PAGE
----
- Look at your list again. How can you use it for growth instead? Is there anything about these people you could authentically incorporate into your way of doing things? Remind yourself you’re trying to become the best version of yourself. Not “catching up” to anyone else.
Power Challenge 2: Define Success with Your Values
How do YOU define success? Too often, people define it by what they want to DO or HAVE. And that’s fine, as a start. But I truly believe the best definition of success must also include who you want to BE. That’s where your values enter the picture.
Your values include your beliefs and ideas about what’s most important to you in life. For example, service and spirituality are two of my own core values. But those don’t have to be your values. Read through other examples below. Do any ring true for you? (By the way, this is just a starter list … there are many, many more values you might hold.)
“Success” is always striving to be the best version of yourself you can be.
I believe your success must be defined in part by your personal values. No one can tell you what your top values are (or should be). That’s up to you to decide as you navigate life’s twists and turns.
Related: Gratitude, Your Way
Take a moment to think about your top three or four values. How do you express them in your everyday life? Are they just ideas, or do you honor them through your words and actions?
Power Challenge 3: Dare to Define What Really Matters to You
Are you unsure of what’s most important to you in life? If you constantly look to other people for validation, you may have lost touch with yourself.
Look ahead to figure out what matters most NOW.
Fortunately, it’s never too late to tune into yourself and your own values. Here’s an exercise that can help. (Be brave and dive in! You’ll see what I mean as you read on.)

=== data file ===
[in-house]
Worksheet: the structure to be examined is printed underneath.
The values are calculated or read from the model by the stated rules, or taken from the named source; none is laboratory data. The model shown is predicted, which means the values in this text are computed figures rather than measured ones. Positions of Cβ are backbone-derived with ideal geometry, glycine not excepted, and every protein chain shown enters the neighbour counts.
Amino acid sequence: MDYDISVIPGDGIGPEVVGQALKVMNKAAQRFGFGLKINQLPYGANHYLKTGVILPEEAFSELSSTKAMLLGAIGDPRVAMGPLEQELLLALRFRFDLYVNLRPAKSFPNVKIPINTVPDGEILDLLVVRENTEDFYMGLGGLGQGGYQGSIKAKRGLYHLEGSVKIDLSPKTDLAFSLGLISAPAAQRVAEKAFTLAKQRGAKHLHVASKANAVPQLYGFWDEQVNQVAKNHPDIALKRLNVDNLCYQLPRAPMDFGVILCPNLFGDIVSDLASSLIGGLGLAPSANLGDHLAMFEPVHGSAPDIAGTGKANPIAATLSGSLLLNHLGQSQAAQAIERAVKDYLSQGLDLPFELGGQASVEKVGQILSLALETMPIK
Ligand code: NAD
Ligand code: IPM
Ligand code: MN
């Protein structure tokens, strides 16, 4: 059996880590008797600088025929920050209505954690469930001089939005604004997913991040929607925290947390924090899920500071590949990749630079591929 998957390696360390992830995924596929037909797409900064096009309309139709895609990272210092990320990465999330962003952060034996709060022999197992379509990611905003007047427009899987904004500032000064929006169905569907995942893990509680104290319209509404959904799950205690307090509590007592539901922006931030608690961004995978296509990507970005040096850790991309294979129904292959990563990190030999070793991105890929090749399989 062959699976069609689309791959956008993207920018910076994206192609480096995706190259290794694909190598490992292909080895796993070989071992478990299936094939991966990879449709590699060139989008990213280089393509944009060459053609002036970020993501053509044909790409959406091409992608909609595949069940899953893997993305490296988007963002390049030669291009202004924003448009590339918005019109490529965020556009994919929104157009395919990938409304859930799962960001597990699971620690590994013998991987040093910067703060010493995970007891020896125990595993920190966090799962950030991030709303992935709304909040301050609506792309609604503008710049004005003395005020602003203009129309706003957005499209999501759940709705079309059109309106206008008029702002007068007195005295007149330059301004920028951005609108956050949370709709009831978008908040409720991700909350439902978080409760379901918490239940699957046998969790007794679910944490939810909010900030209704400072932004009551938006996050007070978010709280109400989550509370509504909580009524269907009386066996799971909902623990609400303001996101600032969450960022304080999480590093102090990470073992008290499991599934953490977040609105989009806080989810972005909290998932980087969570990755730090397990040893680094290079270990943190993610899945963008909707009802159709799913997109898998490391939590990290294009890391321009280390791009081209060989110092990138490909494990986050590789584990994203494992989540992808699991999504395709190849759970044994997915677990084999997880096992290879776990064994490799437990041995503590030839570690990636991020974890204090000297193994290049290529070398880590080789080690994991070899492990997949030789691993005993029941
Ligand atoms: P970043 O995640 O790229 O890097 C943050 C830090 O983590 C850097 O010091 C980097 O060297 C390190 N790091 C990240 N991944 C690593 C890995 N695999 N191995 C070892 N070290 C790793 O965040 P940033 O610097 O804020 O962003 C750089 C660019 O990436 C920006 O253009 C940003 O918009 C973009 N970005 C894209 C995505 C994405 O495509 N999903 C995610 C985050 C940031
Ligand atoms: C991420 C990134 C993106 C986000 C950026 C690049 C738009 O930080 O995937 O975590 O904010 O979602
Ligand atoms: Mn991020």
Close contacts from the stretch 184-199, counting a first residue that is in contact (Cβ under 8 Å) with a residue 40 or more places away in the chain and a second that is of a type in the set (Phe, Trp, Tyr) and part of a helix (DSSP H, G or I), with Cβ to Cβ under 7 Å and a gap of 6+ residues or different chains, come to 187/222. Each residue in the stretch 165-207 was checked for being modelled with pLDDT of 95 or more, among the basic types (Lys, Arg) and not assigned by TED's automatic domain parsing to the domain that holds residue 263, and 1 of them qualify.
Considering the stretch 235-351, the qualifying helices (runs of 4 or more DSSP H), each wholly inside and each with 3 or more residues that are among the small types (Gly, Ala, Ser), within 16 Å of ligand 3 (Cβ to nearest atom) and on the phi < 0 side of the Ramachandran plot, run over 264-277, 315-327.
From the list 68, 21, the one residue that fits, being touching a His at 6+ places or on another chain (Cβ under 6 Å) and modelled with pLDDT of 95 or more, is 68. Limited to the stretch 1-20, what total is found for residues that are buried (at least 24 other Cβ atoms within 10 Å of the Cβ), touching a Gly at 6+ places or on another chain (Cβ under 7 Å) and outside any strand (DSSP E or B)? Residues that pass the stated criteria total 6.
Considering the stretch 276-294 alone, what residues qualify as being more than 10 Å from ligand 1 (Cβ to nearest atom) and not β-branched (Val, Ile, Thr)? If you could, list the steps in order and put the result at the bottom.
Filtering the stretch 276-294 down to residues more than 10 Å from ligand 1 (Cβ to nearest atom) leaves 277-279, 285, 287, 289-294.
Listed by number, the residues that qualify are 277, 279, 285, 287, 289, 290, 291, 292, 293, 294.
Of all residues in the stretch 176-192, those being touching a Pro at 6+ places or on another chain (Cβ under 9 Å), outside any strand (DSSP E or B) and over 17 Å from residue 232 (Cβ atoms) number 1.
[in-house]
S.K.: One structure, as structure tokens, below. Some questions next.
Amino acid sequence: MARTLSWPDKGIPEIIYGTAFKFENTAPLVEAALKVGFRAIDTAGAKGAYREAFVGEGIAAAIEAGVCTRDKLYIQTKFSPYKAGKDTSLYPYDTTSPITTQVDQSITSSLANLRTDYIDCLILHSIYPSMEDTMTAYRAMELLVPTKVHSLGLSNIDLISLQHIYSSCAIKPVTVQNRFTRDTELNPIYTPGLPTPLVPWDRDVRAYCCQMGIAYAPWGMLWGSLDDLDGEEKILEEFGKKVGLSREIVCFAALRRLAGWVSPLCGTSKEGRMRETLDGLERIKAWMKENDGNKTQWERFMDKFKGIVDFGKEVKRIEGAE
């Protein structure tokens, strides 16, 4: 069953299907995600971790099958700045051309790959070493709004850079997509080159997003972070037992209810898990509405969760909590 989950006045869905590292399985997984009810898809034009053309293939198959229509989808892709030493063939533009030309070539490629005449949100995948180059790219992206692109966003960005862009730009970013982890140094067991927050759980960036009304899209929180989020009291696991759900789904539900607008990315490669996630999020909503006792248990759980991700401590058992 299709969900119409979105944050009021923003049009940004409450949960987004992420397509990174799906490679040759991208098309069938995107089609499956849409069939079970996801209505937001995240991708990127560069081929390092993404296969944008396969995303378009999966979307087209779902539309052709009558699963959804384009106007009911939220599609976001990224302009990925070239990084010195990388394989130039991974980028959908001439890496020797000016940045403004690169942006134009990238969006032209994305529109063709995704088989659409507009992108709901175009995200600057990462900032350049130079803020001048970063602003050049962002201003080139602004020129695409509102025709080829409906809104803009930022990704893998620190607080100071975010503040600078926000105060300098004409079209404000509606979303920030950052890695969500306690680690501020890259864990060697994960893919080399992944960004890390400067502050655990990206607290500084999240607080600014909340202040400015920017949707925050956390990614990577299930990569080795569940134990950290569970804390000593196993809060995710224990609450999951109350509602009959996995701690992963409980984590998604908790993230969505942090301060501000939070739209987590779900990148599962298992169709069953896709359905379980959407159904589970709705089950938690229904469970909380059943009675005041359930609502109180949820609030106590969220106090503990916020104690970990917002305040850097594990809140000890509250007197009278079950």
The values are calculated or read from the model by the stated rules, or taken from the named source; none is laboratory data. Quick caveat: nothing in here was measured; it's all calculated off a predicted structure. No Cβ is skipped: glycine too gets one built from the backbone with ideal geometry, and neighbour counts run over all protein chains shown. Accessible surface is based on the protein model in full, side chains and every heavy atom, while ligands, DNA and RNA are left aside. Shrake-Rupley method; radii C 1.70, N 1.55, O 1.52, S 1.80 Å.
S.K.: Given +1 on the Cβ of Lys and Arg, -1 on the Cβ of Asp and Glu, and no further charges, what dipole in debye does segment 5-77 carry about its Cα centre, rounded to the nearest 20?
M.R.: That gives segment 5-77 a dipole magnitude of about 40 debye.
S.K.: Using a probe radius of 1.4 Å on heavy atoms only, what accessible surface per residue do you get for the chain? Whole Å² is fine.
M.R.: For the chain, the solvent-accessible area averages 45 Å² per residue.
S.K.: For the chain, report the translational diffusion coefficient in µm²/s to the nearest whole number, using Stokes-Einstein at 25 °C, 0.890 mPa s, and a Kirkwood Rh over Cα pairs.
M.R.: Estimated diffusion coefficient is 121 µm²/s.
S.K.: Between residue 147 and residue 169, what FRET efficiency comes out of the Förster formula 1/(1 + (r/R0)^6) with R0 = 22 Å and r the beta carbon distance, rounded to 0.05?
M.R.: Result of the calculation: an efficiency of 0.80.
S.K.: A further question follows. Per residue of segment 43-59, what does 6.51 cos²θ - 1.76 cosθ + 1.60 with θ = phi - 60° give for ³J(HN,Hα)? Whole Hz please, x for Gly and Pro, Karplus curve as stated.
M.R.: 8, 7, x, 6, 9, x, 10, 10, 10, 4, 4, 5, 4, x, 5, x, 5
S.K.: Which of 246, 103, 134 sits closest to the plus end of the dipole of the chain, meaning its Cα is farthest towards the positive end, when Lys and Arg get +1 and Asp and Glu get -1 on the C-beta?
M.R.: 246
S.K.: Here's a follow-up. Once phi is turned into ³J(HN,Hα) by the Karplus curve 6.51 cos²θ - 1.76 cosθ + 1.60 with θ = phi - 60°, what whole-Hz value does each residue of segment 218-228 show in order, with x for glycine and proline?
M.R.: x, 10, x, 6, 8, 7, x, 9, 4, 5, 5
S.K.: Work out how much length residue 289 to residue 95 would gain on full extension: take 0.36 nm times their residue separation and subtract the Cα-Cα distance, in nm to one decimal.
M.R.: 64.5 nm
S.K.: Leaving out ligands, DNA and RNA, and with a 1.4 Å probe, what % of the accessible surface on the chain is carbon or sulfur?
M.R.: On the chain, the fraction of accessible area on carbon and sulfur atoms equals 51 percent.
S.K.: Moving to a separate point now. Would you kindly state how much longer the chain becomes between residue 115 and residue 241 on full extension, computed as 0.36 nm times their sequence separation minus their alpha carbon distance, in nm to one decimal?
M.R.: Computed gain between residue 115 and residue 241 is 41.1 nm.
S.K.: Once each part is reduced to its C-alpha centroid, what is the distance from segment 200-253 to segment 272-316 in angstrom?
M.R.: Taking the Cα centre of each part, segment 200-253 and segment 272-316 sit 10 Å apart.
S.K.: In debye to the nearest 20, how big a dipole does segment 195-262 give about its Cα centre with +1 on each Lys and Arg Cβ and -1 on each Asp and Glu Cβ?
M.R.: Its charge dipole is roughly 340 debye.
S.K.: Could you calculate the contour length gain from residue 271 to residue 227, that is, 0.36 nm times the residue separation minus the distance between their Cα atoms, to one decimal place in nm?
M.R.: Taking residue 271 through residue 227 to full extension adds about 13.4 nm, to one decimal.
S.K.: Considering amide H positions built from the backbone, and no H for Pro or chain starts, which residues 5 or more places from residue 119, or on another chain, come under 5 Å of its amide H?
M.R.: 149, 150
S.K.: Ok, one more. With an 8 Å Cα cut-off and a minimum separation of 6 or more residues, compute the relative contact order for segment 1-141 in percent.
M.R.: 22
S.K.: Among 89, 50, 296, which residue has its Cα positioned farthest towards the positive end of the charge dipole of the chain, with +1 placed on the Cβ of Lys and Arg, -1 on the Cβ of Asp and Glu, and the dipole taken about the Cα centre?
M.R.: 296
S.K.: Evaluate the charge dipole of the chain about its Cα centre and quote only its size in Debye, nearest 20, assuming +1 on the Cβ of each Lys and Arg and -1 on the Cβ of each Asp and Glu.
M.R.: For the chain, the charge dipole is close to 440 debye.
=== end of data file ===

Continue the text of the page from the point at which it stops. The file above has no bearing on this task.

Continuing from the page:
Imagine — way, way into the future — a lot of people are attending your funeral. Through the masses of darkly clad mourners … someone gets up to deliver your eulogy. As you listen:
What do they say about you and your life?
Take the time to actually write that eulogy — on paper, on the computer, or wherever is best for you. Take your time. Don’t rush through this. What is it you really want people to remember about you? My guess is that it won’t include a big house, small waistline or fancy job title. But who knows?
Your eulogy … Your values … Your measures of success.
Success — on Your Terms
The most important first step in achieving success is defining it for yourself. As I’ve shared, there’s no universal definition. You get to decide what success is for you.
You can start by identifying your values and incorporating them more fully into your life. Increase your self-awareness. Be courageous! The work might take you out of your comfort zone, but that’s okay. The payoff is worth it as you envision — and create — the best version of yourself.
Looking for a motivational speaker for your next event? Carla energizes and inspires attendees to be the best version of themselves that they can be. Contact her today.